The faces of the industry: Maren Heiß

May we present: Maren Hot From the DKB.

Working in the FinTech industry is like coming and going, requires a high degree of professionalism in a thoroughly relaxed working environment and is above all characterised by innovation and good, clever and future-oriented ideas, according to the widespread consensus. But who are actually the brains and movers behind these creative thought processes, at the intersection of finance, digital technologies and entrepreneurship? In our series: The faces of the FinTech industry we regularly ask a person from the payment and banking industry the same ten questions. This time Maren Heiß answers our questions.

May we present…

In the course of our daily work, we frequently encounter exciting people who work in the same field, who we meet only once or every now and then, or who have even grown very fond of us privately – each of them has a story of their own. We have selected a few of these People from our closest FinTech environment to put a face to them. To share why this industry is much more to them than just another way to pay your rent. We would like to briefly portray and introduce these people and their CVs in a category all of their own and have designed a list of questions that is always the same.

This time, Maren Heiß answers our questions. Since October 2020, Maren has been Head of Private Clients at the Deutsche Kreditbank AG (DKB).

Who are you, what do you do? 

I am Maren Heiß, Head of Division at DKB and responsible for many exciting topics in the area of our private customers. We are responsible for almost everything that makes up banking in the private customer area. From risk and regulatory topics to product management areas and of course online sales. To name just a few of the topics.

Faces Maren Hot

Maren Heiß: “Fintechs are innovatively addressing the future of our industry”.

When did you first notice the word FinTech?

I think this was around 2010, which is where the word first showed up for me in studies.

What were your first encounters with the payment and banking industry?

That was a long time ago – as a former Knax Club member (children’s club at savings banks) – I got my first savings book. I wasn’t at school at the time. And I already worked as a holiday job at a savings bank when I was 16, so I made a commitment pretty early on.

How do you define FinTech?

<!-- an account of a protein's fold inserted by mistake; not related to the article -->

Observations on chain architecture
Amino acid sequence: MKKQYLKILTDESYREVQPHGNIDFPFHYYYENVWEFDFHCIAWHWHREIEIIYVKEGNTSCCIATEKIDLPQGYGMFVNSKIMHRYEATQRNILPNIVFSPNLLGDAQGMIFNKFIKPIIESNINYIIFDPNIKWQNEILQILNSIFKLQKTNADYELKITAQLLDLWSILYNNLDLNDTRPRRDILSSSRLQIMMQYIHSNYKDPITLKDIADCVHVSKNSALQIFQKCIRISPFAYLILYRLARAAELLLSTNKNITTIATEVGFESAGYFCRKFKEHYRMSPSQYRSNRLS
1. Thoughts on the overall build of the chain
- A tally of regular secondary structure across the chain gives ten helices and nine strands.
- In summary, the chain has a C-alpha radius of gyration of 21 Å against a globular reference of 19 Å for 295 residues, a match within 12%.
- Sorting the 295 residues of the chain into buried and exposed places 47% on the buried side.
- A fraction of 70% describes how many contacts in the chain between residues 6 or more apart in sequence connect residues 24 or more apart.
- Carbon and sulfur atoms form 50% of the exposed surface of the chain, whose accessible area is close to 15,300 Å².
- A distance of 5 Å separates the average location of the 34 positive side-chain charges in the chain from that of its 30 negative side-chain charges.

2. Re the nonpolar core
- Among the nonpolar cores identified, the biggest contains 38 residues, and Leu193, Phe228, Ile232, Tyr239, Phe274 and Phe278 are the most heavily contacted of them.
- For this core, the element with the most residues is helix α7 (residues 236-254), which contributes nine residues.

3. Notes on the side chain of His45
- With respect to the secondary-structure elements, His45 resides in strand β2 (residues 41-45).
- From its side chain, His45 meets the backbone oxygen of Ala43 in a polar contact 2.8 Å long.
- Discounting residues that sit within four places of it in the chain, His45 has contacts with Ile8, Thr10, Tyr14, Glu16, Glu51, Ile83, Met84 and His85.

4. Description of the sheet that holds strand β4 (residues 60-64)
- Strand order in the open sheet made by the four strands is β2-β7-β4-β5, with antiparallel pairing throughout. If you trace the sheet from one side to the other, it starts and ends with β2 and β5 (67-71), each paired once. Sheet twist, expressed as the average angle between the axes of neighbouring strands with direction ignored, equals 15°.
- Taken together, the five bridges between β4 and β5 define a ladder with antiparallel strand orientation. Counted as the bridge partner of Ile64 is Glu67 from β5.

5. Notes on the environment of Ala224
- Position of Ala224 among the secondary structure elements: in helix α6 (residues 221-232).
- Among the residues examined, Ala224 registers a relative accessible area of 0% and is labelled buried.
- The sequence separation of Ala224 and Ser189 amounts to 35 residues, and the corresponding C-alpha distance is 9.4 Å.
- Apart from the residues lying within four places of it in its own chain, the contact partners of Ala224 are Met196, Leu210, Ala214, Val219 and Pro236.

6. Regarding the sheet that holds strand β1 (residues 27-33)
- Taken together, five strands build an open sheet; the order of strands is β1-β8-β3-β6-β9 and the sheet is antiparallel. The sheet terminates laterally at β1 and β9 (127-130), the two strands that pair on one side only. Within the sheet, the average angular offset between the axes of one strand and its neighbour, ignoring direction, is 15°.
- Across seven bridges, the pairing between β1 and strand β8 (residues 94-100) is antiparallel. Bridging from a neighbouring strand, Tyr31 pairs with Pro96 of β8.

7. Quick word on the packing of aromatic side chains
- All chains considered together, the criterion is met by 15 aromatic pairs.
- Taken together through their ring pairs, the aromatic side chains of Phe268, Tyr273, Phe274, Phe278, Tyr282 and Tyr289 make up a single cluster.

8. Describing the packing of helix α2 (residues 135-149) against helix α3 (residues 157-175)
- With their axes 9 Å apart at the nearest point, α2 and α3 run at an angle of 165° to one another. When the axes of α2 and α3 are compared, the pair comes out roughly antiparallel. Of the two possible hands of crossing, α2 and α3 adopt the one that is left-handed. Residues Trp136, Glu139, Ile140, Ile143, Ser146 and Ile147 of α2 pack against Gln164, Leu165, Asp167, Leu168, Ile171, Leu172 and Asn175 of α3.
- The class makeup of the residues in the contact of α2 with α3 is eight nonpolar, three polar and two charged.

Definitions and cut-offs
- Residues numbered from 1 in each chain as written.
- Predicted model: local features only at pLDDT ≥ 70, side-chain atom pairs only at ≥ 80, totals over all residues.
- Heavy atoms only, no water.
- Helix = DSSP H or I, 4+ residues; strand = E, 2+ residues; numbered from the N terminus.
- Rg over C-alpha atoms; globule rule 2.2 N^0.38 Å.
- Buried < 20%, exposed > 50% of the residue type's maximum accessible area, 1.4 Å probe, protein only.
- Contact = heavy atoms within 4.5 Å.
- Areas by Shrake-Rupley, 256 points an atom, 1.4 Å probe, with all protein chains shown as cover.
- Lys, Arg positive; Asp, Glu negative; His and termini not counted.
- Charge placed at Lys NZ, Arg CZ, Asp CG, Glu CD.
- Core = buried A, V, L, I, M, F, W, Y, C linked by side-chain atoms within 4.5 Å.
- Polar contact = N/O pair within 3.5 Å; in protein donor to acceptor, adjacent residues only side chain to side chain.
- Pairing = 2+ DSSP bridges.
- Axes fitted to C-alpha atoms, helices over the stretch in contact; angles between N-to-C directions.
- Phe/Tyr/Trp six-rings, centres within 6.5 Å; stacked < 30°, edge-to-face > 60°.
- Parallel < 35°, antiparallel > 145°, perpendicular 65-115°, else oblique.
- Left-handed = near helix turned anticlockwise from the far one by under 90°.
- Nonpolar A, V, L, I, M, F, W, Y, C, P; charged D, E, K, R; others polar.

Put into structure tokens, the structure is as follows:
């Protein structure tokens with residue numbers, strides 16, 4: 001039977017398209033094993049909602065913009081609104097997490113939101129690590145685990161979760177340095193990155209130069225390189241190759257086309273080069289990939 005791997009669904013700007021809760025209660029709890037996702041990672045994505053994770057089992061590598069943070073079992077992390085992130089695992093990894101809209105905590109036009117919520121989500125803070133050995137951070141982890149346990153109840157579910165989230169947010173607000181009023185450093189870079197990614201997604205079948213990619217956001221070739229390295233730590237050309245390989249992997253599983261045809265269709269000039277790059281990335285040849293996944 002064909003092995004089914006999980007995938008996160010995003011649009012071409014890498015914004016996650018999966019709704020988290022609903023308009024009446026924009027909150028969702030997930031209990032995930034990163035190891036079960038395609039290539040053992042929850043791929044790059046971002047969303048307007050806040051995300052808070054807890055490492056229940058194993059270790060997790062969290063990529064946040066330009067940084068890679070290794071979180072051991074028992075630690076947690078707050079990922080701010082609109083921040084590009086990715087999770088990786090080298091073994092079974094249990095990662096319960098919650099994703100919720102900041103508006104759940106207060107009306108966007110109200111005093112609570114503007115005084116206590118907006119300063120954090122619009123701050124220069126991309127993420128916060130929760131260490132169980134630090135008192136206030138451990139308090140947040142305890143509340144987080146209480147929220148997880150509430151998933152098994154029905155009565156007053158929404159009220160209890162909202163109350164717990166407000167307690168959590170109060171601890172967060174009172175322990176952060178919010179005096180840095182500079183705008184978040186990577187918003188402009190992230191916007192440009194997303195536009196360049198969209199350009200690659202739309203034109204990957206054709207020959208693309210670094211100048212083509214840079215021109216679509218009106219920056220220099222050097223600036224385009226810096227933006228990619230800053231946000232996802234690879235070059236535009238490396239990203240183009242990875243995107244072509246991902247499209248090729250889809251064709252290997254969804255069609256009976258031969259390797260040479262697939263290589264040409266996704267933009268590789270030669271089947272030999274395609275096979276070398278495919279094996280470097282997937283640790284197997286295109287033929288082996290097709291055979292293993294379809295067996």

FinTechs, to me, are companies that are innovating with the future of our industry, have little legacy, and mostly stand for a service, software-as-a-service.

What do you think established companies do better than FinTechs?

Faces Maren Hot

The established banks often have a good basis of trust with their customers. Security is still one of the most important goods for banks in Germany. Likewise, compared to FinTechs, banks naturally already have a broad customer base.

We also see that established companies can be relied upon in times of crisis or when customers have problems – here, of course, you have a few years’ head start in terms of experience. But as an established company, you should not rest on these factors alone.

What can you learn from FinTechs?

The most important thing for me here is the UX, i.e. a clear focus on the needs and benefits of the customers. And I often envy them for the speed of IT/product development.  The established companies simply have to catch up in order to continue to co-determine the market.

“Untimely and highly complex IT.”

Why do established (large) companies have such a hard time with digitalization?

Many of the incumbents are sitting on outmoded and highly complex IT. You can’t just replace a core banking system. The processes are often complex and have grown over decades. Unfortunately, the development of new digital products, an app, application processes, etc. does not take place on a greenfield site. Interfaces to data in the legacy systems have to be created and also played back into them. In addition, many companies do not yet have the employee structure to be able to quickly respond to the new requirements.

What would you do for a living if you weren’t working in the payments and banking industry?

I would have become a marine biologist – didn’t become my profession, but my hobby, which I pursue passionately.

Which company would you like to work for one day?

If I had to choose one, it would probably be OceanCleanUp. This is where technology was applied to an elementary problem. I’ve been following the development since the start of the project and would love to be a part of it for a day.

“I’ve been following the development of OceanCleanUp since the project started and would love to be a part of it for a day.”

Who would you like to have a beer with?

Currently, my choice would fall on the upcoming US Vice President Kamala Harris. That would certainly be an extremely exciting conversation on many topics that move our world permanently.

Autor
Nicole Nitsche
Nicole Nitsche ist studierte Theaterwissenschaftlerin und hat mehrere Jahre als Regieassistentin beim Thalia Theater Hamburg gearbeitet. Danach war Nicole Leiterin der Presse-und Marketingabteilung eines Hamburger Musiklabels. Zu ihren täglichen Aufgaben zählten dort, neben dem Verfassen von Pressetexten, die Umsetzung und... mehr